Anglo-Saxon origin and came from the baptismal name Geoffery. The surname Jeb referred to the son of Geoffrey which belongs to the category of patronymic surnames. In Old English, patronyms were formed by adding a variety of suffixes to personal names, which changed over time and from place to place. For example, after the Norman Conquest, sunu and sune, which meant son, were the most common patronymic suffixes. In the 12th and 13th centuries, the most common patronymic names included the word filius, which meant son. By the 14th century, the suffix son had replaced these earlier versions. Surnames that were formed with filius or son were more common in the north of England and it was here that the number of individuals without surnames was greatest at this time.
Early Origins of the Jeb family
Suffolk, where they held a family seat from ancient times.
Early History of the Jeb family
Another 159 words (11 lines of text) covering the years 1327, 1508, 1719, 1735, 1775 and 1833 are included under the topic Early Jeb History in all our PDF Extended History products and printed products wherever possible.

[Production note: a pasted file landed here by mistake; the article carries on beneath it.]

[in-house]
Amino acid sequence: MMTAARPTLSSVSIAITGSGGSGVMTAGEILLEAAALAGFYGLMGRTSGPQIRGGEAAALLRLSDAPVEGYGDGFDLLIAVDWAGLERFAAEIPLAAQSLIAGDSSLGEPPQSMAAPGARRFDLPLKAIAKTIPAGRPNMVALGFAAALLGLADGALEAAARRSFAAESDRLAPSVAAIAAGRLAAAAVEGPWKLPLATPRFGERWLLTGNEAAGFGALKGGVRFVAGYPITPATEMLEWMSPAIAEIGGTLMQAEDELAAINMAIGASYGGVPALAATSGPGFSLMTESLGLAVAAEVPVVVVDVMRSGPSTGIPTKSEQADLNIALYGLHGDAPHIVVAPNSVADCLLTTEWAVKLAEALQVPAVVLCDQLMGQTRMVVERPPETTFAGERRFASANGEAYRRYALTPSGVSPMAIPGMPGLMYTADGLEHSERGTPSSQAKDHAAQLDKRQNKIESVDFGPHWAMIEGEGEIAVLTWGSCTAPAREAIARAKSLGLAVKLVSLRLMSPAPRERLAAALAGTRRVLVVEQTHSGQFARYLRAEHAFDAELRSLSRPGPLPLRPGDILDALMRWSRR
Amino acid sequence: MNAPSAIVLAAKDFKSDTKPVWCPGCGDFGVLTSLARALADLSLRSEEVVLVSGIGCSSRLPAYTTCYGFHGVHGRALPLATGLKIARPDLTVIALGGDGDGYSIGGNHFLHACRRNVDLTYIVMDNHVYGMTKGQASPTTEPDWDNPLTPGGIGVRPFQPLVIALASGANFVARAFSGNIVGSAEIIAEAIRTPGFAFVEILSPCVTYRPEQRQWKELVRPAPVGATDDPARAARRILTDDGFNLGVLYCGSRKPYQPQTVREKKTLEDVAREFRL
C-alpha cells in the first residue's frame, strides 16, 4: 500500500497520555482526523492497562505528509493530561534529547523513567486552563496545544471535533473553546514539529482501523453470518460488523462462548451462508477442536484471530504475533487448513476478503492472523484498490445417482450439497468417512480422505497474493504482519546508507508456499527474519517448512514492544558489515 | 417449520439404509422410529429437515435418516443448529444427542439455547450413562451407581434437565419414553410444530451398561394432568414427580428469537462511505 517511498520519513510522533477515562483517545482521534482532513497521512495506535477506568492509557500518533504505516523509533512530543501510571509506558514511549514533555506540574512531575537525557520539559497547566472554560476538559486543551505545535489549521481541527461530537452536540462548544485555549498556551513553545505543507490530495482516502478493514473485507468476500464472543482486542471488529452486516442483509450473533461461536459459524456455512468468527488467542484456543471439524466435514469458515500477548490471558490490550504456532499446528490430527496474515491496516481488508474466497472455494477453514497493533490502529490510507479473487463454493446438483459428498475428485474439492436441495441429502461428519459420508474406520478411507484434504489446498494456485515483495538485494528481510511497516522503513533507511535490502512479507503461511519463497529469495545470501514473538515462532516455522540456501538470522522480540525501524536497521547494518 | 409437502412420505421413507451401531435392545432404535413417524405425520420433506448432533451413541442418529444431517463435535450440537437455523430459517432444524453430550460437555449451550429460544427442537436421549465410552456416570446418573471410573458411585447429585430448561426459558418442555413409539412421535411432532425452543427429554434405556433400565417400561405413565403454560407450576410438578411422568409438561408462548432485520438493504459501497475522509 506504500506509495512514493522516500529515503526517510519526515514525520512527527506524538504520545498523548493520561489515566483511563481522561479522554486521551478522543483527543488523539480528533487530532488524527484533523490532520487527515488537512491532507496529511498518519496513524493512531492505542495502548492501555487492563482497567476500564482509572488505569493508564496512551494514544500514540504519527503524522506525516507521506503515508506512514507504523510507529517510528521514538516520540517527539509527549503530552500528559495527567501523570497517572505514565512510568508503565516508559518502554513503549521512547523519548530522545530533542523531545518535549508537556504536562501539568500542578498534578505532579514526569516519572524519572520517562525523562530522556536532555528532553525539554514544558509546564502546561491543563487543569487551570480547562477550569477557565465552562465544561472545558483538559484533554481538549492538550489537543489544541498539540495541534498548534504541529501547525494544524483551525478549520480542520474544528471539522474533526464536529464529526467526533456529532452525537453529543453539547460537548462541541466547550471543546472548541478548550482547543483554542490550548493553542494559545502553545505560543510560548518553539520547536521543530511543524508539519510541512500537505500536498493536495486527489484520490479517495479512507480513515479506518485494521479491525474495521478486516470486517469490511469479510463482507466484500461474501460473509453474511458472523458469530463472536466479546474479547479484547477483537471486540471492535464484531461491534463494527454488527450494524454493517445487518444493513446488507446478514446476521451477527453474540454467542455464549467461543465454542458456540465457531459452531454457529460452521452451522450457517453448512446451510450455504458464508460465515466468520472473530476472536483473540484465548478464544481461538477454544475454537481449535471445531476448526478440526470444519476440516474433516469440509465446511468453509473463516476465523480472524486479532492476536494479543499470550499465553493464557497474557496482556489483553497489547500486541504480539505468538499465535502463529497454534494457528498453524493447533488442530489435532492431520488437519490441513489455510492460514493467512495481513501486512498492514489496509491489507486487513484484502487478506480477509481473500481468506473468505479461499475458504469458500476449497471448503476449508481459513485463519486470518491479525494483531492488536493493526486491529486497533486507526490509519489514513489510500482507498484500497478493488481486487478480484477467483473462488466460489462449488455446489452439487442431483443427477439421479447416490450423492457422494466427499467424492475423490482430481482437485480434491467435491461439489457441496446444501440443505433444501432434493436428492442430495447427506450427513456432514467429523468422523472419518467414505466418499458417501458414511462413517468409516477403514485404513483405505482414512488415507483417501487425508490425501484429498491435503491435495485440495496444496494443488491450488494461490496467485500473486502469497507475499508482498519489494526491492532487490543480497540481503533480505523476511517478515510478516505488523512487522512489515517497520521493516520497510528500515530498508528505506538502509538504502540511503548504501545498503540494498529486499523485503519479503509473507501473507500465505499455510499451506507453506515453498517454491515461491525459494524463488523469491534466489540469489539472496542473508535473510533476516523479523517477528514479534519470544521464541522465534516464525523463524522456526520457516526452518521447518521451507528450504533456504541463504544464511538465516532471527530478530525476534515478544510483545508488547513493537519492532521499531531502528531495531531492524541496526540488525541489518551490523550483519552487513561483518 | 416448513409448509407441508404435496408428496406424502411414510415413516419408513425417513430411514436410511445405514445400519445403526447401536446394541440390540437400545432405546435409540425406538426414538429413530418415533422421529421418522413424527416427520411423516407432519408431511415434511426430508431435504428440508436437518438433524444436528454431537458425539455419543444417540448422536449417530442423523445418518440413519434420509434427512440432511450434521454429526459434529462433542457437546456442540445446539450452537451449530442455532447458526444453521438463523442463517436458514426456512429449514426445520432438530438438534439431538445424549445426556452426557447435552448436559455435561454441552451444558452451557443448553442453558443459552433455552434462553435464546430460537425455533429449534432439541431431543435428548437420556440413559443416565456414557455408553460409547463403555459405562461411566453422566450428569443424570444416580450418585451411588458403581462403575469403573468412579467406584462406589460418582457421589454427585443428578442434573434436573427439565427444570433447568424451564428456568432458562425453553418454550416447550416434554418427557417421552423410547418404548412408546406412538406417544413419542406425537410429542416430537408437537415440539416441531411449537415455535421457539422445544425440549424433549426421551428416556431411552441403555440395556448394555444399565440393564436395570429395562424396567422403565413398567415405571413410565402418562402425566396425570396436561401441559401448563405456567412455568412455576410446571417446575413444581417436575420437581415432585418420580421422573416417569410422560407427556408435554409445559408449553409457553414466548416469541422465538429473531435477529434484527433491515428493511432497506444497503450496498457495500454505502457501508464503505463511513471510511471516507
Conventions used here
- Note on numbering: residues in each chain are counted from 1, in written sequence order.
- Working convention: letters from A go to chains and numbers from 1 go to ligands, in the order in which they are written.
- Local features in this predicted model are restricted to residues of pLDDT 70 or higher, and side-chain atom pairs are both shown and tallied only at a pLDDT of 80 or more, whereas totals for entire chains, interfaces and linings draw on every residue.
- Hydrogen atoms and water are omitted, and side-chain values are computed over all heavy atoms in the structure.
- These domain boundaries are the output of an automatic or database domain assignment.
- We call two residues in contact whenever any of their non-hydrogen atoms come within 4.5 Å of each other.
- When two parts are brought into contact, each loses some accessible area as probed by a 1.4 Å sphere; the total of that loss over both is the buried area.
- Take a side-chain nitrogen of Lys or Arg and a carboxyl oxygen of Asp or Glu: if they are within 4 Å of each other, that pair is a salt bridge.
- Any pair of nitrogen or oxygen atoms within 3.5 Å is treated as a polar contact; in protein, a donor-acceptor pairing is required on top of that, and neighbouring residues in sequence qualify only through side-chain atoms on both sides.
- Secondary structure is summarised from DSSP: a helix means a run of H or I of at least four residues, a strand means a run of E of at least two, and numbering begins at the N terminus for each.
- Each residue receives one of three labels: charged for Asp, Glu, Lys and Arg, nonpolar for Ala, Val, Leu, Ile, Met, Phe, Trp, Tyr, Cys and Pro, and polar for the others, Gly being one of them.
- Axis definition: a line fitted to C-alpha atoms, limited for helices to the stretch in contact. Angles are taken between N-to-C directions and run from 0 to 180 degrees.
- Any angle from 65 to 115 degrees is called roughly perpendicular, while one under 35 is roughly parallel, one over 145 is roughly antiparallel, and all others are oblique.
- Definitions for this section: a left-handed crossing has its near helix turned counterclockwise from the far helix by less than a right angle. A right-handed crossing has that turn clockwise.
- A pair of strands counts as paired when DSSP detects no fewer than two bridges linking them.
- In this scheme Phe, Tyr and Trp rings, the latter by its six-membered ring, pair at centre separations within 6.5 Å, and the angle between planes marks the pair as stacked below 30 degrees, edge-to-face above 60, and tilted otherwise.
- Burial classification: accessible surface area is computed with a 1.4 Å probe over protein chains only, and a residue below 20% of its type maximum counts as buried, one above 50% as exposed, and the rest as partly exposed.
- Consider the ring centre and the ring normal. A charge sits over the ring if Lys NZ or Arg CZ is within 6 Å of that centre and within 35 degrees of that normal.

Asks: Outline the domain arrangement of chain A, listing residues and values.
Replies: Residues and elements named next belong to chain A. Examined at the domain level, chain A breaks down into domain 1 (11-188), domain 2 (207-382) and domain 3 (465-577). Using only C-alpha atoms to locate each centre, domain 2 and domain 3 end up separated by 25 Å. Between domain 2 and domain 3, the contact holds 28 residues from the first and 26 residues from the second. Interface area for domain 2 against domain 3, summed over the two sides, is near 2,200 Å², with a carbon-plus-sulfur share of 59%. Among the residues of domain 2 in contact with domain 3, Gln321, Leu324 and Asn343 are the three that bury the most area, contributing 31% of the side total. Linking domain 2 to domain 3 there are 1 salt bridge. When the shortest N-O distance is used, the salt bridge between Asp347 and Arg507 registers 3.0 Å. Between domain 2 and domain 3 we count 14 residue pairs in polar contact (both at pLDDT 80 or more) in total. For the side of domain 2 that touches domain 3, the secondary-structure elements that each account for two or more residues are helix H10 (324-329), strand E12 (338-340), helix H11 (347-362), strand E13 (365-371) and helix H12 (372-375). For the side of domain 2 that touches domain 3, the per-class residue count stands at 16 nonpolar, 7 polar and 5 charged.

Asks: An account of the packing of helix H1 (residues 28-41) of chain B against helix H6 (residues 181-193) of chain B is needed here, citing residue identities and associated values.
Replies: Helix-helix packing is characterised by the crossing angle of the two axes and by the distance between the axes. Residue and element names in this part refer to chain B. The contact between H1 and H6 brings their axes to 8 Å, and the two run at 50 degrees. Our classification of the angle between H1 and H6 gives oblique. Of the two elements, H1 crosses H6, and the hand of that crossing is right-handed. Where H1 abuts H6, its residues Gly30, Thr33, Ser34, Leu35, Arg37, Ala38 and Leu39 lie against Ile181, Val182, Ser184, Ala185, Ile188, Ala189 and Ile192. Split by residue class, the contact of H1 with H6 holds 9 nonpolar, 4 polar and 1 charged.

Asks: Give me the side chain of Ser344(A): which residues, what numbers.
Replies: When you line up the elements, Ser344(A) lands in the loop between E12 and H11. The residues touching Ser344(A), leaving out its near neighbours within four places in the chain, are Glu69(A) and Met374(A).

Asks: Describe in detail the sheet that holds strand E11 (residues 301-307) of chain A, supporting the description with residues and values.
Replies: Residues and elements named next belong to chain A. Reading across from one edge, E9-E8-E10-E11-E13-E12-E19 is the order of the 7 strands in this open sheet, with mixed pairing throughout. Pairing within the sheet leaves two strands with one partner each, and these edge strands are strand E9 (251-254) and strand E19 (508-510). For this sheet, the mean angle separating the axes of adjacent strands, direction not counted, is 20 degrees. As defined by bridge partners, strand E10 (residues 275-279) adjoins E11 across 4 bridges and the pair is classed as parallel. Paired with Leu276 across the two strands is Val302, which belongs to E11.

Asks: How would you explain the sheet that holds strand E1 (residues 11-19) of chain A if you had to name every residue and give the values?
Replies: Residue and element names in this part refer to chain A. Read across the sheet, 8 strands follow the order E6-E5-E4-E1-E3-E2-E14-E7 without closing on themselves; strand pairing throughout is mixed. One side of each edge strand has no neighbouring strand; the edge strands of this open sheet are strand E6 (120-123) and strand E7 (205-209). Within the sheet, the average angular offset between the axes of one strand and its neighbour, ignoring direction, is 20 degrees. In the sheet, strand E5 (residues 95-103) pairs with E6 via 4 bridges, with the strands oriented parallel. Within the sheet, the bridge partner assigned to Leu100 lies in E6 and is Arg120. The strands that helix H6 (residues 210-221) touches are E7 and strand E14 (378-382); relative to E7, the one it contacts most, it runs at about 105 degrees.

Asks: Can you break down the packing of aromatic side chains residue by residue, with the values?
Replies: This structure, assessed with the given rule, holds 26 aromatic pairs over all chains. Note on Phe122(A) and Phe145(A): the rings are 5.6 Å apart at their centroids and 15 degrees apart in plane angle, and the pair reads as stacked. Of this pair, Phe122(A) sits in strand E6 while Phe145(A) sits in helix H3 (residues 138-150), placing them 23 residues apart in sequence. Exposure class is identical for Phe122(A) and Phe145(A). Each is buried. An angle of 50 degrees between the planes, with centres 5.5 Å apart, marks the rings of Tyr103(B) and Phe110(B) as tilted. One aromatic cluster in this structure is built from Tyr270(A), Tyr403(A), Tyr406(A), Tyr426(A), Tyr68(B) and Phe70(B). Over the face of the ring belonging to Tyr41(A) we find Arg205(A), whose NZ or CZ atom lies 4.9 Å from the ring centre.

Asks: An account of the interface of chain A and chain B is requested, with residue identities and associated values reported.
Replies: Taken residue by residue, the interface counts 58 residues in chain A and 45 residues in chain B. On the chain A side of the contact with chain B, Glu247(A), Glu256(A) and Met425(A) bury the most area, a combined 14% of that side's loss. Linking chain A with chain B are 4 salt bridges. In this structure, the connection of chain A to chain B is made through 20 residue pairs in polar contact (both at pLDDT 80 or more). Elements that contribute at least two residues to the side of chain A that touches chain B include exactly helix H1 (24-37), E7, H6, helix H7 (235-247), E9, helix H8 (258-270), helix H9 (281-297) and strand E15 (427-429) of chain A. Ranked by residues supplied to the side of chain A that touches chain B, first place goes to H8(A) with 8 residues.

Jeb Spelling Variations
hundred years ago, spelling variations of names were a common occurrence. Elements of Latin, French and other languages became incorporated into English through the Middle Ages, and name spellings changed even among the literate. The variations of the surname Jeb include Jebb, Jeb, Jebbe, Gebbe, Gebb and others.
Early Notables of the Jeb family (pre 1700)
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Migration of the Jeb family to Ireland
Some of the Jeb family moved to Ireland, but this topic is not covered in this excerpt.
Another 63 words (4 lines of text) about their life in Ireland is included in all our PDF Extended History products and printed products wherever possible.
Migration of the Jeb family to the New World and Oceana
A great wave of immigration to the New World was the result of the enormous political and religious disarray that struck England at that time. Families left for the New World in extremely large numbers. The long journey was the end of many immigrants and many more arrived sick and starving. Still, those who made it were rewarded with an opportunity far greater than they had known at home in England. These emigrant families went on to make significant contributions to these emerging colonies in which they settled. Some of the first North American settlers carried this name or one of its variants: John Jebb, who sailed to America in 1752; Rachel Jebb to America in 1805; Thomas and James Jebb to Philadelphia in 1856; and William Jebb to Philadelphia in 1858..
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